About this work
As with its immediate predecessor, the Flute Quartet in G, K285a, the present A major Quartet dates from a considerably later period than its low Köchel number suggests. However, unlike the somewhat murky origins of the earlier work, the genesis of the A major quartet is fairly well established. It is a parody work introducing themes connected with several of Mozart's friends, and was almost certainly composed for them. Such a theory is supported by the composer's detailed and humorous heading for the last of the three movements. It reads: "Rondieaoux -- Allegretto grazioso, ma non troppo presto, pero non troppo adagio. Così-così -- non molto garbo ed espressione" ("A joke rondo -- Allegretto grazioso, but not too fast, nor too slow. So-so -- with great elegance and expression"). An autograph copy (not Mozart's) states the original manuscript was received from Baron von Jacquin. The Jacquin family members were close friends of Mozart's in Vienna, leaving little room for doubt that the quartet was designed for convivial domestic occasions at their home. The opening Andante is a set of variations on "An die Natur," a song by Franz-Anton Hoffmeister, a Viennese publisher and flautist with whom Mozart had close connections during the period when the quartet arose -- 1786 and 1787. The Menuetto middle movement introduces a French folk song, while the final movement is a parody of an arietta from Paisiello's opera buffa Le gare generose, which Mozart heard in Prague in January 1787. The arietta was particularly associated with Nancy Storace, the creator of the role of Susanna in Le nozze di Figaro and another of Mozart's friends.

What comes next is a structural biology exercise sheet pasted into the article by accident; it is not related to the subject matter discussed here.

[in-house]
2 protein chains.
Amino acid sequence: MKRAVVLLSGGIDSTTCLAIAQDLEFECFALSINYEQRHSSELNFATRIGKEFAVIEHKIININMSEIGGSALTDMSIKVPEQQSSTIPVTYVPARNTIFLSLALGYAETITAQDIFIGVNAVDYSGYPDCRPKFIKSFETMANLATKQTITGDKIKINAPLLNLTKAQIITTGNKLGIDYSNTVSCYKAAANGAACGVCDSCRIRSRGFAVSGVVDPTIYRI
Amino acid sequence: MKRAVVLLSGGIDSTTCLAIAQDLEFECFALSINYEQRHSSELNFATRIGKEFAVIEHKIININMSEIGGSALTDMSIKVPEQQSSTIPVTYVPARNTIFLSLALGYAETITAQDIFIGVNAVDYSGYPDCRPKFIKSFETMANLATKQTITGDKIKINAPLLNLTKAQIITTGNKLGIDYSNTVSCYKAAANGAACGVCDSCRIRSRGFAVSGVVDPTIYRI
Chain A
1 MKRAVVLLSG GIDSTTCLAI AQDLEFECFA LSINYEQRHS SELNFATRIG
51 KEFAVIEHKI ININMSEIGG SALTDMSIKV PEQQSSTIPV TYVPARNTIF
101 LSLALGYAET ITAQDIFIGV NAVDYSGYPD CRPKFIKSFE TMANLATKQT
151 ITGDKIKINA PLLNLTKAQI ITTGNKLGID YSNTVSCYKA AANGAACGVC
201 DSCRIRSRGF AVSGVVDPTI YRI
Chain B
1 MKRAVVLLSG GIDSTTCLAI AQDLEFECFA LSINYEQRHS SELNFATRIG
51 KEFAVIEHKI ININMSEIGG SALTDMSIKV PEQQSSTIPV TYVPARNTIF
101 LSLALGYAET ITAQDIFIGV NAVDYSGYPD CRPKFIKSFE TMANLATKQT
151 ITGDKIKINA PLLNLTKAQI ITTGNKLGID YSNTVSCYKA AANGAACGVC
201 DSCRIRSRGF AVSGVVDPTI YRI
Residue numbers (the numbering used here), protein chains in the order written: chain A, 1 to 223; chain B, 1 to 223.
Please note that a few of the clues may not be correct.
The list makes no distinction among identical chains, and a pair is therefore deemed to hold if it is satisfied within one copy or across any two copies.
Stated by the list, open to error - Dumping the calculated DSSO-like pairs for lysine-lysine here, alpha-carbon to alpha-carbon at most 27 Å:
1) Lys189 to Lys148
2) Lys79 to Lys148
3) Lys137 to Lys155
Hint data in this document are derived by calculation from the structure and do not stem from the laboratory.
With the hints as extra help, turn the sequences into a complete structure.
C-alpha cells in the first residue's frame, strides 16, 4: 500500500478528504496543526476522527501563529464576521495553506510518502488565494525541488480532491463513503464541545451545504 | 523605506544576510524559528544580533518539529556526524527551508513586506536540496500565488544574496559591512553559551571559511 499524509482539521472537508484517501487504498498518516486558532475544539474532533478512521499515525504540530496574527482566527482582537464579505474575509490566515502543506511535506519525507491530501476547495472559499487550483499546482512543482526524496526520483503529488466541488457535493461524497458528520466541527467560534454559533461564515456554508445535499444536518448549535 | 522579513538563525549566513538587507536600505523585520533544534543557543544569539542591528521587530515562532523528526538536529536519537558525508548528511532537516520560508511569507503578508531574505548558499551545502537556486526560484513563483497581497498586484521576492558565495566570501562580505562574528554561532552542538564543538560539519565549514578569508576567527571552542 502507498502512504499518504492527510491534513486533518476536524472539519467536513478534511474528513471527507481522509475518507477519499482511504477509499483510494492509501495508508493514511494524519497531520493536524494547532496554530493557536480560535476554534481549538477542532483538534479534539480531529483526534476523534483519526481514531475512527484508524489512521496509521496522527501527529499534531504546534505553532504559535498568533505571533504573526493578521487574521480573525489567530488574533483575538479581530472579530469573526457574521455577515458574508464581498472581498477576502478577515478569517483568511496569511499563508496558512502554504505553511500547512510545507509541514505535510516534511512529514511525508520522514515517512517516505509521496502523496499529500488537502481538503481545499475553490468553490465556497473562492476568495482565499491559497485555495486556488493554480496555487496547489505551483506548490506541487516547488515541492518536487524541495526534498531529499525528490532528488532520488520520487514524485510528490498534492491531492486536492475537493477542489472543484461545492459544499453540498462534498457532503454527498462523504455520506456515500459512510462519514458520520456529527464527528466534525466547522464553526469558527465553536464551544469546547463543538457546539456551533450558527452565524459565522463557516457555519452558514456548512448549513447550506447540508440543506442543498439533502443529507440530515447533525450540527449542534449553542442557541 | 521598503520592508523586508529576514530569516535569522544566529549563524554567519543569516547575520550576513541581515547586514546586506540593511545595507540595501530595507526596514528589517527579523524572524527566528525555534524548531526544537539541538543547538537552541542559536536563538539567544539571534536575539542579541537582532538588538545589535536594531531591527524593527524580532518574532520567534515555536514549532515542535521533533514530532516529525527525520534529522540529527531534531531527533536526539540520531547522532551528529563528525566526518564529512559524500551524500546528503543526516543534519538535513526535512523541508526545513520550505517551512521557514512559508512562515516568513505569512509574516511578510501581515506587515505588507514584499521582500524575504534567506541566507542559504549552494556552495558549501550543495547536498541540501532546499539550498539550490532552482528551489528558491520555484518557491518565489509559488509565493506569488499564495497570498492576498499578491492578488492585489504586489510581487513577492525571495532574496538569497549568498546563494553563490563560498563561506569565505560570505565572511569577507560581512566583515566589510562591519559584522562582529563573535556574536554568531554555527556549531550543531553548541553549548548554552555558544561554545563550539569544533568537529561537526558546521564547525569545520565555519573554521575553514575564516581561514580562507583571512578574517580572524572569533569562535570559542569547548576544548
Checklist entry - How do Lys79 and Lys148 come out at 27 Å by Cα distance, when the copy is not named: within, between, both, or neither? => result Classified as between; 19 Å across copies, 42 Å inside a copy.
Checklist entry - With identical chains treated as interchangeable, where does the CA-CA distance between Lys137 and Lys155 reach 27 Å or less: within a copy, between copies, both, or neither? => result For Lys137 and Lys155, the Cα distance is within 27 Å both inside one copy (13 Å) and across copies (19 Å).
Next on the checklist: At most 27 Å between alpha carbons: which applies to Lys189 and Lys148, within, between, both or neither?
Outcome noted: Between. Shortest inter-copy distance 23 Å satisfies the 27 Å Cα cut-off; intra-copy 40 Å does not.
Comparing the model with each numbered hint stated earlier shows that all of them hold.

Curated by Suzanne van Duuren, Primephonic Curator